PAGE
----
This is the mail archive of the
mailing list for the GDB project.
Re: MI non-stop interface details
A Wednesday 30 April 2008 07:59:43, Vladimir Prus wrote:
> On Tuesday 29 April 2008 21:48:51 Pedro Alves wrote:
> > A Tuesday 29 April 2008 18:04:57, Vladimir Prus wrote:
> > > > Pedro Alves wrote:
> > > > Can we make -exec-continue/-exec-step/-exec-next consistent, by
> > > > making the case of not passing a --thread parameter semantics
> > > > match? Given the same arguments, if one resumes just one thread,
> > > > the others should too, IMHO.
> > >
> > > Too late. -exec-continue resumes everything. -exec-step, from user
> > > standpoint, resumes one -- most users don't even know that step
> > > can resume all threads.
> > Oh, I'm talking non-stop mode. It's not too late for that.
> > I played a bit with eclipse/java debugging (which implements non-stop),
> > and noticed it only resumes one thread when one clicks the
> > equivalent of "continue". I have used eclipse/java heavilly in the
> > past, and I never found that unintuitive. I remember
> > looking for a "continue all" button and not finding one, but normally
> > I didn't even thing about it. Resuming one thread was just fine.
> Opinions differ. I think Eclipse behaviour optimized for non-common
> cases. Maybe this non-stop behaviour is good for that J2EE kind of thing,
> with zillion of threads, but it's not a good default behaviour for
> debugging ordinary applications.
Eh, indeed my experience is mostly with debugging live J2EE systems.
It's also a bless to be able to hot-replace code while debugging, but
well, java makes it easier to implement. :-) I won't claim what
is common or non-common without data. Clearly, add a "resume all"
button/shorcut and you get your "common" behaviour implemented.
> > (I keep thinking that in non-stop mode, the exec commands without
> > --thread are equivalent to the CLI commands in non-stop mode.
> > I keep forgetting to pass --thread to continue& and end up
> > resuming more than I wanted.)
> > > > If we choose to always ignore the scheduler-locking setting
> > > > in non-stop mode, by making them operate on the current thread
> > > > only, we can still honour '-exec-continue --thread="all"',
> > > > or '-exec-step --all'. If people find it desirable, we can
> > > > make "scheduler-locking off" with no --thread specified mean resume
> > > > all threads. That I tend to agree is wrong in non-stop mode. I'd
> > > > rather have two buttons on the IDE -- "resume" and "resume all",
> > > > (or two keyboard shortcuts, etc.) then to export the sheduler-locking
> > > > modes to the user interface.
> > >
> > > I guess we can redefine the behaviour of -exec-continue in non-stop, or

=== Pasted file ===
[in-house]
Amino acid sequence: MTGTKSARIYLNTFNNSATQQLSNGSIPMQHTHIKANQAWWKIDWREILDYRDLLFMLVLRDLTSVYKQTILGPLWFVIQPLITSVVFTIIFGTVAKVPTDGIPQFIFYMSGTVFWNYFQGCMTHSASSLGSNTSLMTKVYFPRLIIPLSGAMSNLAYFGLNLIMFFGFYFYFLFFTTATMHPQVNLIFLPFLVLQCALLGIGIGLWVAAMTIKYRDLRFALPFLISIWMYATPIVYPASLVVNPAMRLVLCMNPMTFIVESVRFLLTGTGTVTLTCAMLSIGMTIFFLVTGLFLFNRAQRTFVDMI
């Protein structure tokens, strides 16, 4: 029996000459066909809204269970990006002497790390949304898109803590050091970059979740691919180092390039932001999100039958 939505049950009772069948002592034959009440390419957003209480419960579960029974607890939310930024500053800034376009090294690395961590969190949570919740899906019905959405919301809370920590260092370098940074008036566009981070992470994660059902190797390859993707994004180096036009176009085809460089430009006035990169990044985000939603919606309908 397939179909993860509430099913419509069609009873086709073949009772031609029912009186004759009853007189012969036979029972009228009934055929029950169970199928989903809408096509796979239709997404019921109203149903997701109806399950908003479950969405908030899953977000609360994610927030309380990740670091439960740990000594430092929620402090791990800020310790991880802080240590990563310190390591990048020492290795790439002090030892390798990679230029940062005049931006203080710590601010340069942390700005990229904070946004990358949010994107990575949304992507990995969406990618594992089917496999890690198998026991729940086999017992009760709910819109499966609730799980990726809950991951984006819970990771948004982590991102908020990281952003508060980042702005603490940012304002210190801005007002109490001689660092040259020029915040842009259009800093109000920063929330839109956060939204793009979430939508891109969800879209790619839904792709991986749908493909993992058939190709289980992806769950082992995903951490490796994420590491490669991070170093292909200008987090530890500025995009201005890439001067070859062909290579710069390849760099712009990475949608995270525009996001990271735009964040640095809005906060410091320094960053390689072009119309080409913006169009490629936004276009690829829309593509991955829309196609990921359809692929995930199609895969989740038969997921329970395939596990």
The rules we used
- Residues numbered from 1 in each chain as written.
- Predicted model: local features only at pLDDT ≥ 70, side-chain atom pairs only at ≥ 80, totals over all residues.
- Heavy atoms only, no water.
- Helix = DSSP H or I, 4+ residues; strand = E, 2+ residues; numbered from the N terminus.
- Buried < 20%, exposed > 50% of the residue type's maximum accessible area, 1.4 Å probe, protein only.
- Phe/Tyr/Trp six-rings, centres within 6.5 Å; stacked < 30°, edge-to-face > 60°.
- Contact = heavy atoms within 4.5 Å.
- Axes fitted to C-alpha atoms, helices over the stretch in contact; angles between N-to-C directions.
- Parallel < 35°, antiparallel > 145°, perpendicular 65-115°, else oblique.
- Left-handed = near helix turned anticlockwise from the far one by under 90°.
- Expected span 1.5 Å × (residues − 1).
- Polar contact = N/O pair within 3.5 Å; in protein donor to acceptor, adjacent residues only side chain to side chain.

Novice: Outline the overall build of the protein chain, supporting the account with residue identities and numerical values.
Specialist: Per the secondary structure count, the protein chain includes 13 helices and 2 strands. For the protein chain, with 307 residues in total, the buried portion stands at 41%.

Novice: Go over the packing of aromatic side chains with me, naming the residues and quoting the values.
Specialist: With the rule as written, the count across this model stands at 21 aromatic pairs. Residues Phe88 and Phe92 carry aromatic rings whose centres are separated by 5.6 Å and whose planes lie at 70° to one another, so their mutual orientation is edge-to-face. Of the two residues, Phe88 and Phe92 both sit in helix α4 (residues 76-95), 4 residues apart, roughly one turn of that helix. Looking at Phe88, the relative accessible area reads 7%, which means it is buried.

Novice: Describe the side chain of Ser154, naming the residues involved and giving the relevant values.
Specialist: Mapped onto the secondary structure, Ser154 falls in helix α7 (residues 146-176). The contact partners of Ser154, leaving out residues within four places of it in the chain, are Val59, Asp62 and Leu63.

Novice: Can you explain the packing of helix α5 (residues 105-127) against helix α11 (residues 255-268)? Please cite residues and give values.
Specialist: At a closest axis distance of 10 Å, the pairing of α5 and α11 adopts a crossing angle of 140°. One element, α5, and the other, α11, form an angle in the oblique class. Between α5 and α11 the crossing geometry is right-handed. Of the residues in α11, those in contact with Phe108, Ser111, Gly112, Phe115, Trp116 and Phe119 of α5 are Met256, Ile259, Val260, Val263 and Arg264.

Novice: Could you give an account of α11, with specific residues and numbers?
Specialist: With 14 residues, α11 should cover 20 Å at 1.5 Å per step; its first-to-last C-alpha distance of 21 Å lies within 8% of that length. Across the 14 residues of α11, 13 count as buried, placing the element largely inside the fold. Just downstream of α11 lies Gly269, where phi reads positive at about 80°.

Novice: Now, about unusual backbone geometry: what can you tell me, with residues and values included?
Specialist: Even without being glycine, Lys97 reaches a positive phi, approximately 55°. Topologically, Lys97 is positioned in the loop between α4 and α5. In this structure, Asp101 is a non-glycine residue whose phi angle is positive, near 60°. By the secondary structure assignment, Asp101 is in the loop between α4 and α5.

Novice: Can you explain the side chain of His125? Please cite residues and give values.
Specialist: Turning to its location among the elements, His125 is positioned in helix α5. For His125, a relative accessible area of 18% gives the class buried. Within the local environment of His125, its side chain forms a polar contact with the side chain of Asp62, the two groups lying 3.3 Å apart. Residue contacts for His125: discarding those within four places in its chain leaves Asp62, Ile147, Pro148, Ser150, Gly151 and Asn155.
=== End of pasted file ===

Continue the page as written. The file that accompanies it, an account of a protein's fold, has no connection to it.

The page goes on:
> > > in MI3, but I worry that two different behaviours will make life too
> > > hard for frontends (and for us)
> > Oh, I was talking non-stop.
> I don't think that adding a bunch of "if (non_stop)" is gonna be a good
Oh well, on the GDB side, there's no way around it. Inferior control
in non-stop is different. In non-stop, we have to resume every
thread individually in common code, and while doing it, we have to
make sure every thread is resumed with its context set.
While in all-stop, there's always only one thread with an event to
attend, and all other threads have been freezed by the debugger. When
we resume, in all-stop it's the target's responsibility to resume the
A resume all in non-stop has also to take care of not resuming already
running threads -- more accuratelly it's "resume-all-stopped". This
worry doesn't exist in all-stop.
Unless you were talking about that check in the frontend side. Have
no idea what would change, but I'd expect at least a bit of work to
enable non-stop, just not a rewrite.
If we don't make "-exec-continue" resume only the selected thread, then
a frontend not using "--thread" should set "set scheduler-locking on"
to have a way of resuming just one thread, and GDB should
honour scheduler-locking modes in non-stop mode. This is the part
I want to have settled, as I get to tweak to code :-)
Does this mean "-exec-step" with no "--thread"
and "scheduler-locking off" should step every stopped thread? I assume
not, it's not intuitive, but it's not really the same as in all-stop,
where we step one thread and resume all others, which is a
behaviour change too.
(Well, we could do non-stop do that too --step current, and
resume others, meaning that non-stop with scheduler-locking off
would be similar to all-stop, *except* we don't stop all threads
when the step finishes... If we do that in common code, then,
it starts looking like we could turn "non-stop on" always, and
implement all-stop on top of it -- not really sure if that should
be a goal, or is it is possible at all, and I was going to defer
thinking about it until later on, otherwise we'll never get this done.)